The Accelerating Future

futurelab default header

by: Jennifer Rice

I was talking with a client a few weeks ago about innovation. Somehow we got on the subject of nanotechnology, which he pointed out was not as much an invention as, say, the turntable. In other words, just because things are getting smaller doesn't mean there's a paradigm shift. I conceded the point at the time, but have since gotten quite interested in the topic. So I looked up nanotech; Ray Kurtzweil gives the definition as "A body of technology in which products and other objects are created through the manipulation of atoms and molecules." (BTW, Ray's site is my new favorite site… amazing stuff in there).

It seems to me that manipulating atoms and molecules would qualify as a paradigm shift. The first chapter of Engines of Creation outlines the shift this way:

The ancient style of technology that led from flint chips to silicon chips handles atoms and molecules in bulk; call it bulk technology. The new technology will handle individual atoms and molecules with control and precision; call it molecular technology. It will change our world in more ways than we can imagine.

Nanotech is born out of advances in biology, genetic engineering and biochemistry. It will lead to new ways of manufacturing just about anything, pollution-free… and will allow us to manufacture things that haven't even been imagined yet.

Because assemblers (nanomachines) will let us place atoms in almost any reasonable arrangement, they will let us build almost anything that the laws of nature allow to exist. In particular, they will let us build almost anything we can design – including more assemblers. The consequences of this will be profound, because our crude tools have let us explore only a small part of the range of possibilities that natural law permits. Assemblers will open a world of new technologies.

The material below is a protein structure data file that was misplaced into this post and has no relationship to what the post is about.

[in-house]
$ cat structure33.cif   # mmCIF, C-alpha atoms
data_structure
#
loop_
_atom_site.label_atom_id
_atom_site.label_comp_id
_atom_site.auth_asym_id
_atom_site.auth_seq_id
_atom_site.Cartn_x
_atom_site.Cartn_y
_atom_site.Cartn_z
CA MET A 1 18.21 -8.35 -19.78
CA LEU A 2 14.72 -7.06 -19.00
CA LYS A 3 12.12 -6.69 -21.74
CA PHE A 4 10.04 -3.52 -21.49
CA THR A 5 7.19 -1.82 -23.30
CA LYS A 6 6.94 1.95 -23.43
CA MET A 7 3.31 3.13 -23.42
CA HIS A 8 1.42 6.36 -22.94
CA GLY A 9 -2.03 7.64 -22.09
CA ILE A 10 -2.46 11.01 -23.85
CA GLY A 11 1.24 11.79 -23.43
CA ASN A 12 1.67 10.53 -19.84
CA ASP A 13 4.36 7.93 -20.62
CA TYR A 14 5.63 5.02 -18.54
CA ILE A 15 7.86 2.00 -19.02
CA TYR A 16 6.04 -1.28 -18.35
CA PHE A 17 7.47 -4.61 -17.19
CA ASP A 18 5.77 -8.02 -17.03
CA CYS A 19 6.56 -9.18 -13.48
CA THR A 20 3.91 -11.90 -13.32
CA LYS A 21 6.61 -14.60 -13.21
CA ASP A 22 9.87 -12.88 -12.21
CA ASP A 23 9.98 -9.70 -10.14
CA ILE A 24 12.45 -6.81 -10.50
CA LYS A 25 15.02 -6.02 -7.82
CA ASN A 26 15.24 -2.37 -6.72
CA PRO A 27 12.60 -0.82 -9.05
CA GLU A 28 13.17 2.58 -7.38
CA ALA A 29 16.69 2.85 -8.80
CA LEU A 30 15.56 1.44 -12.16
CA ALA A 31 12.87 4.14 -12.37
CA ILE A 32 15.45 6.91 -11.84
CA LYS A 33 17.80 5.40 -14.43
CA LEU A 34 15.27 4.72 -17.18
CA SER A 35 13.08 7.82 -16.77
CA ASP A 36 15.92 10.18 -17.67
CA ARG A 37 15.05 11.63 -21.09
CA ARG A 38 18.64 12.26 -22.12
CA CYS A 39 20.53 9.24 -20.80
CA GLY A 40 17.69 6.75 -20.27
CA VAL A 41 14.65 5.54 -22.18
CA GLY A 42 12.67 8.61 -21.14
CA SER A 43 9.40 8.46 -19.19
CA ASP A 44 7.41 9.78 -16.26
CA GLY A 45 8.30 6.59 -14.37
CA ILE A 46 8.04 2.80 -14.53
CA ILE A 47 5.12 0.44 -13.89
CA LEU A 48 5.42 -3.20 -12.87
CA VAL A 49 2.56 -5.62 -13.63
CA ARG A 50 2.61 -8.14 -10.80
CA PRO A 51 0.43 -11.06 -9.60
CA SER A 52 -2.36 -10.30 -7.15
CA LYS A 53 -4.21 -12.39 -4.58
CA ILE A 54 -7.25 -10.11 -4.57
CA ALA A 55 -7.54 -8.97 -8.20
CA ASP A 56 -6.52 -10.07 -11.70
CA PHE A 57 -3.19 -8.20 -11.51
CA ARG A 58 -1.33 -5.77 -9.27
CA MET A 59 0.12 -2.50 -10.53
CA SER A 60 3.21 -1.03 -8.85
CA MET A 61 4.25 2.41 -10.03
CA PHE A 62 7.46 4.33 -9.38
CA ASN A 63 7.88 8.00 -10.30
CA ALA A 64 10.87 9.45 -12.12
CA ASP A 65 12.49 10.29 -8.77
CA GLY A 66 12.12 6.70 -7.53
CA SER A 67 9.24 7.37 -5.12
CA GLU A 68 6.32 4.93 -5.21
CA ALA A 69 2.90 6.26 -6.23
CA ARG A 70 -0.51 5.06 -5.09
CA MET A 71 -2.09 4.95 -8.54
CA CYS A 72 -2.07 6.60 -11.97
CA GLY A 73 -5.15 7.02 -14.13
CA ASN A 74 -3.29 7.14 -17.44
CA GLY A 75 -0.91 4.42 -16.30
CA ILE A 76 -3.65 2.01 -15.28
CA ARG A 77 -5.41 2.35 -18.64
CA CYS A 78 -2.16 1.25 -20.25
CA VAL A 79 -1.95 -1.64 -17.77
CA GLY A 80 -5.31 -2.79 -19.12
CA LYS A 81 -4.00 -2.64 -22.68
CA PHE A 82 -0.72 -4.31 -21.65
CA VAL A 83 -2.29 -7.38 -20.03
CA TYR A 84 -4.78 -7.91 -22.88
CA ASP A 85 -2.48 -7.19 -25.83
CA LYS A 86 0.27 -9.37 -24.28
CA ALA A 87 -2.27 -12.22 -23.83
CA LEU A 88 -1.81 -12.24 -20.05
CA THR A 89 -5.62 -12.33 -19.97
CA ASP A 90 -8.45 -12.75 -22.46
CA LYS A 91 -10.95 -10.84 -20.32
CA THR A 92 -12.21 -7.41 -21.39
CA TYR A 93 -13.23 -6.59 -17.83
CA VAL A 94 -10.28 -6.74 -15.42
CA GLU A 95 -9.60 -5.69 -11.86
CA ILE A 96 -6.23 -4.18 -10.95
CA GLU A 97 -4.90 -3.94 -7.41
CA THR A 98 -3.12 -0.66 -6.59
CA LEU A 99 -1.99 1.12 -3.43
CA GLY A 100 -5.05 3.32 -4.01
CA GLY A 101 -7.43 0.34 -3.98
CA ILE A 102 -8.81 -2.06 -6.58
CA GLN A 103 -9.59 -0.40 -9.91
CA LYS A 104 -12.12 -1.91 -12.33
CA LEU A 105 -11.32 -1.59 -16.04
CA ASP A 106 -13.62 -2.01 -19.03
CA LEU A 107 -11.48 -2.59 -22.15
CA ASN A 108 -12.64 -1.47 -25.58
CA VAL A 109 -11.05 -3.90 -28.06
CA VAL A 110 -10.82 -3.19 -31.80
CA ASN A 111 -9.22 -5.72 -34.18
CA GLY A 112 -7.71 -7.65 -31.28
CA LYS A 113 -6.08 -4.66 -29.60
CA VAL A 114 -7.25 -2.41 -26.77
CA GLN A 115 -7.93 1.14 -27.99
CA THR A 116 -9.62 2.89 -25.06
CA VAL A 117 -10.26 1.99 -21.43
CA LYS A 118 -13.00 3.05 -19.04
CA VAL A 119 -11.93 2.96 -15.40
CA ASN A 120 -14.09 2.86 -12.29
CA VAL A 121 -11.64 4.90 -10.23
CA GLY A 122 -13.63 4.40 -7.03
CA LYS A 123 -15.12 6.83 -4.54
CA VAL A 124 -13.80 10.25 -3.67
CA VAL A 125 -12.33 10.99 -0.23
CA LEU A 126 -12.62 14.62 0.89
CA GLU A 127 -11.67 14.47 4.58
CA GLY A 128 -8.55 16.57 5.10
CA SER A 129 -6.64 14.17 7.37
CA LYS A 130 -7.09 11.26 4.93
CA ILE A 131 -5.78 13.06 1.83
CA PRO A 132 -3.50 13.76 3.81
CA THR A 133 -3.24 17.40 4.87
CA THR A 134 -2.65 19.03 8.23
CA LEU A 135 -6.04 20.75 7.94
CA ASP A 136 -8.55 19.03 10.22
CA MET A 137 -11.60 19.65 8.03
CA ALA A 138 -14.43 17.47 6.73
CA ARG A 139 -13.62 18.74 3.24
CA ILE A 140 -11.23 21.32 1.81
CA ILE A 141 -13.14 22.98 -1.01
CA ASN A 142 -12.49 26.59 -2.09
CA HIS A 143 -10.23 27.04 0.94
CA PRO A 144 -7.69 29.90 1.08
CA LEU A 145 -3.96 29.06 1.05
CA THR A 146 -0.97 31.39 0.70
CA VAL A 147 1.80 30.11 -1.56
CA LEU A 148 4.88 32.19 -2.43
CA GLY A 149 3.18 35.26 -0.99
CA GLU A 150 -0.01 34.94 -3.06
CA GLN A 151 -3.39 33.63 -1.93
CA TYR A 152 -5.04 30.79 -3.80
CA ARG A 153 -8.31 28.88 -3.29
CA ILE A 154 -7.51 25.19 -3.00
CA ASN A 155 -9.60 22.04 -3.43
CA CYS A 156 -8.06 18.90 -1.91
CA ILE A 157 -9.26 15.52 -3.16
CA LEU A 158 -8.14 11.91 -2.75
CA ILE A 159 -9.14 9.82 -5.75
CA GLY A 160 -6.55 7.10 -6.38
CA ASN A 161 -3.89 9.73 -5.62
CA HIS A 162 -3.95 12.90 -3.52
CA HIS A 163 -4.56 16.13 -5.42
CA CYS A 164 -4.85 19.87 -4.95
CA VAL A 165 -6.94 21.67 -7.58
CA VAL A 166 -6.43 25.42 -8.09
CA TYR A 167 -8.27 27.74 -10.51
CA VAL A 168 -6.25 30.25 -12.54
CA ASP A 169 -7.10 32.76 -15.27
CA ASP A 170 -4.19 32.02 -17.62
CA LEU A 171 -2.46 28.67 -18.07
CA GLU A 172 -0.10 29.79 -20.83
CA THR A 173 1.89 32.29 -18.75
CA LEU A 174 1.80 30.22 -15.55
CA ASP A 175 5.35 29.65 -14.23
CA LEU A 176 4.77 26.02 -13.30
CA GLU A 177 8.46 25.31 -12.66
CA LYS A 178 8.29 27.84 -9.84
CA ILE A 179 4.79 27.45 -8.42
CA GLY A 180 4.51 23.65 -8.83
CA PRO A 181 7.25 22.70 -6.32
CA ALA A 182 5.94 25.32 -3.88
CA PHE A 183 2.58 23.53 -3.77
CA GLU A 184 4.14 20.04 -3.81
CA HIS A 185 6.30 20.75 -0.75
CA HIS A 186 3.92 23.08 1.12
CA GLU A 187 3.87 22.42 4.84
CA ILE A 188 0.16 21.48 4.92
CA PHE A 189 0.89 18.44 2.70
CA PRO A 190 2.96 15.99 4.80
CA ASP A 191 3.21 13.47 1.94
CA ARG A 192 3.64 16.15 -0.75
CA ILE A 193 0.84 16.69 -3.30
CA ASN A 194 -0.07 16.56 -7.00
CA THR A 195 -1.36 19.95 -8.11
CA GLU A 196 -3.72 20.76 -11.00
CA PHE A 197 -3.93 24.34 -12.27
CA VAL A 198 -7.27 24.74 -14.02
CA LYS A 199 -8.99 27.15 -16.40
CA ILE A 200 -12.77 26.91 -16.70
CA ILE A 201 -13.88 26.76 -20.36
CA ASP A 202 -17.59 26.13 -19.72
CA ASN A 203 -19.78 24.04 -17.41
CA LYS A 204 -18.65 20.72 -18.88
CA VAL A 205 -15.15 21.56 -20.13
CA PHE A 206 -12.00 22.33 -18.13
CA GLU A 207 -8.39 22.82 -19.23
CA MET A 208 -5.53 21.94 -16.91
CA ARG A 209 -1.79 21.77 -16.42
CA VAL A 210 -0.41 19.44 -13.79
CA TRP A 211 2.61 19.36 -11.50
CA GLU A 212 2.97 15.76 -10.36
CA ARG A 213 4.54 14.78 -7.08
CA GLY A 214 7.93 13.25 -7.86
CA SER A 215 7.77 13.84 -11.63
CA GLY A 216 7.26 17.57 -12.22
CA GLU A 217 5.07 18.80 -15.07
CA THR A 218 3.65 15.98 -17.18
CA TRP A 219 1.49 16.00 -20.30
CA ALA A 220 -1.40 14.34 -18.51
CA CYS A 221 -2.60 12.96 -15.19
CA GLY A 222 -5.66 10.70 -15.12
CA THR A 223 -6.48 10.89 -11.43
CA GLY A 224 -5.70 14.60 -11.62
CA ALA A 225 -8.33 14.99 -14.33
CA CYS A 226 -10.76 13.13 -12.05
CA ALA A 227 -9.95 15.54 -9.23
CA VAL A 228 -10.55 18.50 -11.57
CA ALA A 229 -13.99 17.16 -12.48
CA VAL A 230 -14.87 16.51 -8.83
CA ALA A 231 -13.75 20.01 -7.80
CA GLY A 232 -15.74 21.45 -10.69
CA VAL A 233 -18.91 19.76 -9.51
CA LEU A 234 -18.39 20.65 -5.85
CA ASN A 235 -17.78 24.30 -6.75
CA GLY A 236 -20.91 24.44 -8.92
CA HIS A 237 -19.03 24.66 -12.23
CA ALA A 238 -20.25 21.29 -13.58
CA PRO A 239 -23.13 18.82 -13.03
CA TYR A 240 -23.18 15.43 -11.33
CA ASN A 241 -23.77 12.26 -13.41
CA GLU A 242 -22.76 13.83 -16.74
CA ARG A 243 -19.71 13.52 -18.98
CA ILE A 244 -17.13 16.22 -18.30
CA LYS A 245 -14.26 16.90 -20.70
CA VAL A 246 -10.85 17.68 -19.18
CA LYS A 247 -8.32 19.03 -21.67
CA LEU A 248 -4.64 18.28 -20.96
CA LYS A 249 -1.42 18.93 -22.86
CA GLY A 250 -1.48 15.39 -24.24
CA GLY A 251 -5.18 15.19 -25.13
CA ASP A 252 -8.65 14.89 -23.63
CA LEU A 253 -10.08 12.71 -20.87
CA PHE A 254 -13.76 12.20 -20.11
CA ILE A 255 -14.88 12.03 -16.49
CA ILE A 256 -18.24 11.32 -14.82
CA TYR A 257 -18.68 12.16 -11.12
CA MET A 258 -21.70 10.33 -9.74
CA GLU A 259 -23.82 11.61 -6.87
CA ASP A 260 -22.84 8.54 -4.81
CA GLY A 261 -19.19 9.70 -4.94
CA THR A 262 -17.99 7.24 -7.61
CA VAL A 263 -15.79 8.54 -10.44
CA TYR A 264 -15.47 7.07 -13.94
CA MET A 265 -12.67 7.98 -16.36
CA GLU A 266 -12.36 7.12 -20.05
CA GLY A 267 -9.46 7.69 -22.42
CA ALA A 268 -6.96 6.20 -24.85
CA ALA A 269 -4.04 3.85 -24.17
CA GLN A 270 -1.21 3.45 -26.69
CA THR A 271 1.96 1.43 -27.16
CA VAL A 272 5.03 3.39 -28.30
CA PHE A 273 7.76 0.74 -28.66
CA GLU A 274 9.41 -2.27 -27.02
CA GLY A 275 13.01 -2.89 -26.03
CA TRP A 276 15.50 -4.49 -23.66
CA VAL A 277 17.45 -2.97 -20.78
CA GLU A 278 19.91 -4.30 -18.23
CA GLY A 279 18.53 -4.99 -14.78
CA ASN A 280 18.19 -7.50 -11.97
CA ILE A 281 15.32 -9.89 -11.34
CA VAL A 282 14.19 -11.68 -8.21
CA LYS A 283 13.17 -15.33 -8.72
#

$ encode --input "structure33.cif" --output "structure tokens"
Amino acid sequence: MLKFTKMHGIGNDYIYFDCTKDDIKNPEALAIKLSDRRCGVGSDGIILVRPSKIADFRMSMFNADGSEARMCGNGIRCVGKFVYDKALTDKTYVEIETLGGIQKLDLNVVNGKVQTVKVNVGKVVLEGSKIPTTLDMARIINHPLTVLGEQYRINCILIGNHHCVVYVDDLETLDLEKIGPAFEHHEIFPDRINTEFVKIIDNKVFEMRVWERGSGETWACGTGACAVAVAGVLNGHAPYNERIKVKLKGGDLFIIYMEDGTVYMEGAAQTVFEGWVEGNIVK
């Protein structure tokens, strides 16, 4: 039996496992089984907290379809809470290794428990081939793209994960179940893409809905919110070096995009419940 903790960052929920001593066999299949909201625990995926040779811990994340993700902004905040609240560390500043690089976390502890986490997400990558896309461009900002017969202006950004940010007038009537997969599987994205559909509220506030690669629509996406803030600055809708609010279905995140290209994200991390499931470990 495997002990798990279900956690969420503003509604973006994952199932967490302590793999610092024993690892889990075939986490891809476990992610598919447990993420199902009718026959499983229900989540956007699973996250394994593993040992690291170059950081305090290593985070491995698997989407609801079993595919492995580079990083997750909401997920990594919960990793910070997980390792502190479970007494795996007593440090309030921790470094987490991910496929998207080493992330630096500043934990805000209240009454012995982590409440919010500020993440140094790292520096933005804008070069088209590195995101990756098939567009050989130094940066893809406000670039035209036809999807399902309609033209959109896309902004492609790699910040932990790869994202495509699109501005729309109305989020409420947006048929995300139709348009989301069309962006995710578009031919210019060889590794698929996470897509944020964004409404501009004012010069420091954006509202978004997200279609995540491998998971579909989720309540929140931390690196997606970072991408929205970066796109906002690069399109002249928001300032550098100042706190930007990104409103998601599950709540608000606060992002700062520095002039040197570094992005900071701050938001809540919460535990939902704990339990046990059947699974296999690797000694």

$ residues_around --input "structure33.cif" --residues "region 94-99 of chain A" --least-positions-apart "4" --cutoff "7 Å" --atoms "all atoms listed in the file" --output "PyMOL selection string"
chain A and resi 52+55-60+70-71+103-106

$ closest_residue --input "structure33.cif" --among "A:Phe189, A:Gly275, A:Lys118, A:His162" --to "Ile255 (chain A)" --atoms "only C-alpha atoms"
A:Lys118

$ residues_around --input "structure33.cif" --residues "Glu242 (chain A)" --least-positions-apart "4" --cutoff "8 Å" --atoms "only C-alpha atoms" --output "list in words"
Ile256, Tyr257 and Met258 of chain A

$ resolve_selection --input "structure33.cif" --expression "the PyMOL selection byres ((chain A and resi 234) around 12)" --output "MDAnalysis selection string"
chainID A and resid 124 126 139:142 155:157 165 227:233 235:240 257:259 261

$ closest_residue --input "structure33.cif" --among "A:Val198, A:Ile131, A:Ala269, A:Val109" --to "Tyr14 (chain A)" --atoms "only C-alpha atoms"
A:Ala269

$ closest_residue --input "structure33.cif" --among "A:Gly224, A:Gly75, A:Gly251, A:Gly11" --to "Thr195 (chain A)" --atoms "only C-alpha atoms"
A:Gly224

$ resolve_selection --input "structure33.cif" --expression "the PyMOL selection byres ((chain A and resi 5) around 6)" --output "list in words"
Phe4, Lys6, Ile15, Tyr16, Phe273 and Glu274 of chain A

Advances in the technologies of medicine, space, computation, and production – and warfare – all depend on our ability to arrange atoms. With assemblers, we will be able to remake our world or destroy it.

 So perhaps nanotech is not as much of an invention as much as an invention facilitator. It’s a bit creepy, if you think about it in conjunction with AI… self-aware, replicating machines… a super killer virus? The Singularity?

I suppose I'm getting ahead of myself… what will nano mean for business in the next 25 years or so? Ray Kurtzweil posits that "because we're doubling the rate of progress every decade, we'll see a century of progress–at today's rate–in only 25 calendar years." This raises an interesting issue, since it so starkly illustrates how short-term most businesses think. How many years in the future do most execs extend their vision? I think a lot of people are going to be taken by surprise by the speed at which 'the future' will be upon us.

It's fun to review an invention timeline, especially everything that was invented in the 1900s alone, and think that the same amount of progress will be made in the next 25 years. Where will you be in 25 years? I'll be 60. Supposedly we'll solve the 'aging problem' when I'm 85… bummer, I hope they can figure out how to not just halt but reverse aging so I won't get stuck in an 85 year-old body!

Original Post: